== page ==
Stockdale Center for Ethical Leadership
Simulations and Dilemmas
Scan the Icons on this page with your smart phone
Simulations are dynamic representations that allow students to form and test mental models by experimentation, and thereby allow the user to form and test hypotheses about how the systems works. The history of modern digital simulation can be traced back to WWII. Mathematicians John Von Neumann and Stanislaw Ulam used newly developed computing techniques to model nuclear detonation for weapon design. Their experiments were very successful and simulations became very popular, finding applications in other industries. Real-time simulation and sophisticated 3D simulation environments were developed in the 1990s and incorporated into training software as computer hardware improved. Today, simulations are widely used in various industries for education.
Simulation tools can transform abstract concepts into interactive visual content, making it easier for students to understand the performance and relationship between different system parts. They can become familiar with the equipment and environment, and practice necessary skills without risking accidents to themselves, the equipment, and the environment. Students are able to reinforce theoretical knowledge with hands-on-training through simulation tools, giving a better understanding of the material.
Simulation tools can track student progress and provide standardized feedback that can aid in developing skills. They can also offer targeted skill development—students can choose which skills to improve on and receive specific training resources, and educators can also control the content. Training materials can be easily updated, developed, or modified, and training can be done regardless of time or place.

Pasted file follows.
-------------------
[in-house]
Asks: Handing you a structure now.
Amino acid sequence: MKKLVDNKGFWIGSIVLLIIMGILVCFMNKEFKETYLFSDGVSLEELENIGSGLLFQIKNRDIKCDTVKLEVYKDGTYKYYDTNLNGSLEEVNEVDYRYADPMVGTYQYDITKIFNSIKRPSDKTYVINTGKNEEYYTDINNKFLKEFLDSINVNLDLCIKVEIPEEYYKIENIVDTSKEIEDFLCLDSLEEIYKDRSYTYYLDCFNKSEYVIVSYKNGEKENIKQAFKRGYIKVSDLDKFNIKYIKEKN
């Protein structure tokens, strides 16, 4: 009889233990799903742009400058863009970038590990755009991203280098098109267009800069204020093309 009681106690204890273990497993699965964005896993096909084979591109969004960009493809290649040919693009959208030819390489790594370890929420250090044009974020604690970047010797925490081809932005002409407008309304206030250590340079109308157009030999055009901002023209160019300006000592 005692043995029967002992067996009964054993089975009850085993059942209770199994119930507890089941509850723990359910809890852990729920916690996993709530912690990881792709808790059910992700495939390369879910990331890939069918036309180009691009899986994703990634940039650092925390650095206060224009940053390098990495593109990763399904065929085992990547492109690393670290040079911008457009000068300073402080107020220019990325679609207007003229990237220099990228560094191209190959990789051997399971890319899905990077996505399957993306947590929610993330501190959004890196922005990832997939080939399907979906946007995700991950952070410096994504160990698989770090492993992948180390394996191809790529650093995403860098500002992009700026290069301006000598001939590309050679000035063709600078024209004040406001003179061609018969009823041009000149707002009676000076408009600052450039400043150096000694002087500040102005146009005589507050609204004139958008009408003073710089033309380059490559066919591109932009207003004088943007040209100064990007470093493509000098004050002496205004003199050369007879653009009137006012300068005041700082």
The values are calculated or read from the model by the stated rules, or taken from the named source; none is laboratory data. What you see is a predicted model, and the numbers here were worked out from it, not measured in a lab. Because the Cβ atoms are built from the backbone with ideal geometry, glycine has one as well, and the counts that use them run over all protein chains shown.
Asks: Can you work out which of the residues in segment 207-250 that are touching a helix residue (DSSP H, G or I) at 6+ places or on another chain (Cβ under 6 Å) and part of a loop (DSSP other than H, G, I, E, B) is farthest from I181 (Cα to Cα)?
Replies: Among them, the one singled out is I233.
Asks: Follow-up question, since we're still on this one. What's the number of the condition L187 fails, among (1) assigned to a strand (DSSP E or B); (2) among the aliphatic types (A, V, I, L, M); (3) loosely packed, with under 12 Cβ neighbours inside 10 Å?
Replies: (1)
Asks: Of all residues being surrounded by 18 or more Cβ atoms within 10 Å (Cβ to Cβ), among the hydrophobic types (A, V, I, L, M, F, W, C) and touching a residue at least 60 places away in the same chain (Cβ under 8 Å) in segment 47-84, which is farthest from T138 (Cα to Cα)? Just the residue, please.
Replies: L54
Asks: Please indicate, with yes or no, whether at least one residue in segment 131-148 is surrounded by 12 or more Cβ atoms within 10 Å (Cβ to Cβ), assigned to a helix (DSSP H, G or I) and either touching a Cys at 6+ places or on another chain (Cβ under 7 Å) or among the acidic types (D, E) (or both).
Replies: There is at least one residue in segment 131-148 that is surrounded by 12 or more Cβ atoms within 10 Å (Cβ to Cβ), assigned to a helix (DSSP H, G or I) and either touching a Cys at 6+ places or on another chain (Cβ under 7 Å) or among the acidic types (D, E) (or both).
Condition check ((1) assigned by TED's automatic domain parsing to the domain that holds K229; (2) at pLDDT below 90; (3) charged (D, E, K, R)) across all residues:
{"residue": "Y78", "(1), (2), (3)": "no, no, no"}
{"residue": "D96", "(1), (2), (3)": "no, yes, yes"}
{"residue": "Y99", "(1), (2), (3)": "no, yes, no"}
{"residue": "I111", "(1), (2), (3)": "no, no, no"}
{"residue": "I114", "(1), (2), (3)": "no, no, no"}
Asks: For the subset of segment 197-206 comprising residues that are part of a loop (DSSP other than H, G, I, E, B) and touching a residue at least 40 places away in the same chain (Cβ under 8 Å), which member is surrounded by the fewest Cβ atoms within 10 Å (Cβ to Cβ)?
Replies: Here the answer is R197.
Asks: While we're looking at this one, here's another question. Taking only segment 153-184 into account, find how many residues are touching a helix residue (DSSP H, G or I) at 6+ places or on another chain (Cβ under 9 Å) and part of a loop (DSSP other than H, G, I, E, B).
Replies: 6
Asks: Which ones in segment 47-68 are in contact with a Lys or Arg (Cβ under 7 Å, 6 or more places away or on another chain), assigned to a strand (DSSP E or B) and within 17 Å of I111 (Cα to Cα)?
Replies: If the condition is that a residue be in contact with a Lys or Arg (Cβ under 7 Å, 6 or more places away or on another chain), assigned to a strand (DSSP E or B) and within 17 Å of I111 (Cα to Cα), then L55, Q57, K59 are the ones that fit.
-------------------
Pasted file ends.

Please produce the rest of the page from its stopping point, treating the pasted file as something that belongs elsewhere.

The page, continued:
The effectiveness of a simulation largely relies on the accuracy of the simulation. While simulations can be difficult to create, these models provide important feedback to the student in real time when accurately and realistically constructed. Effectiveness also varies depending on the type of task being learned. There are key components of simulation training tools that make them effective, such as the addition of multimedia and the availability of immediate feedback. These features add to the interactivity of simulations, and helps users stay engaged in exercises. Multimedia components such as text, audio, images, animations, video make the simulation tool more immersive.
With new improvements in technology, new opportunities to apply simulation-based education and training will emerge. The recent development and usage of virtual reality for training already has positive results, with research indicating that training done through VR is more memorable than training though text and video content. VR has been found to be best suited for cognitive skill and psychomotor skill training relating to remembering and understanding spatial and visual information, and visual scanning skills.
Overall, simulation technology has made incredible progress since its WWII origins. Its original uses have expanded out of experimentation and disrupted and transformed methods of education. Currently with applications in teaching, training, and testing across numerous industries, simulation technology will only continue to improve to become more realistic and immersive to provide users with an incredibly rich learning experience. Although technology is progressing at such a pace that predicting the future is difficult, one can be certain that educational simulation tools will play an important part of that future.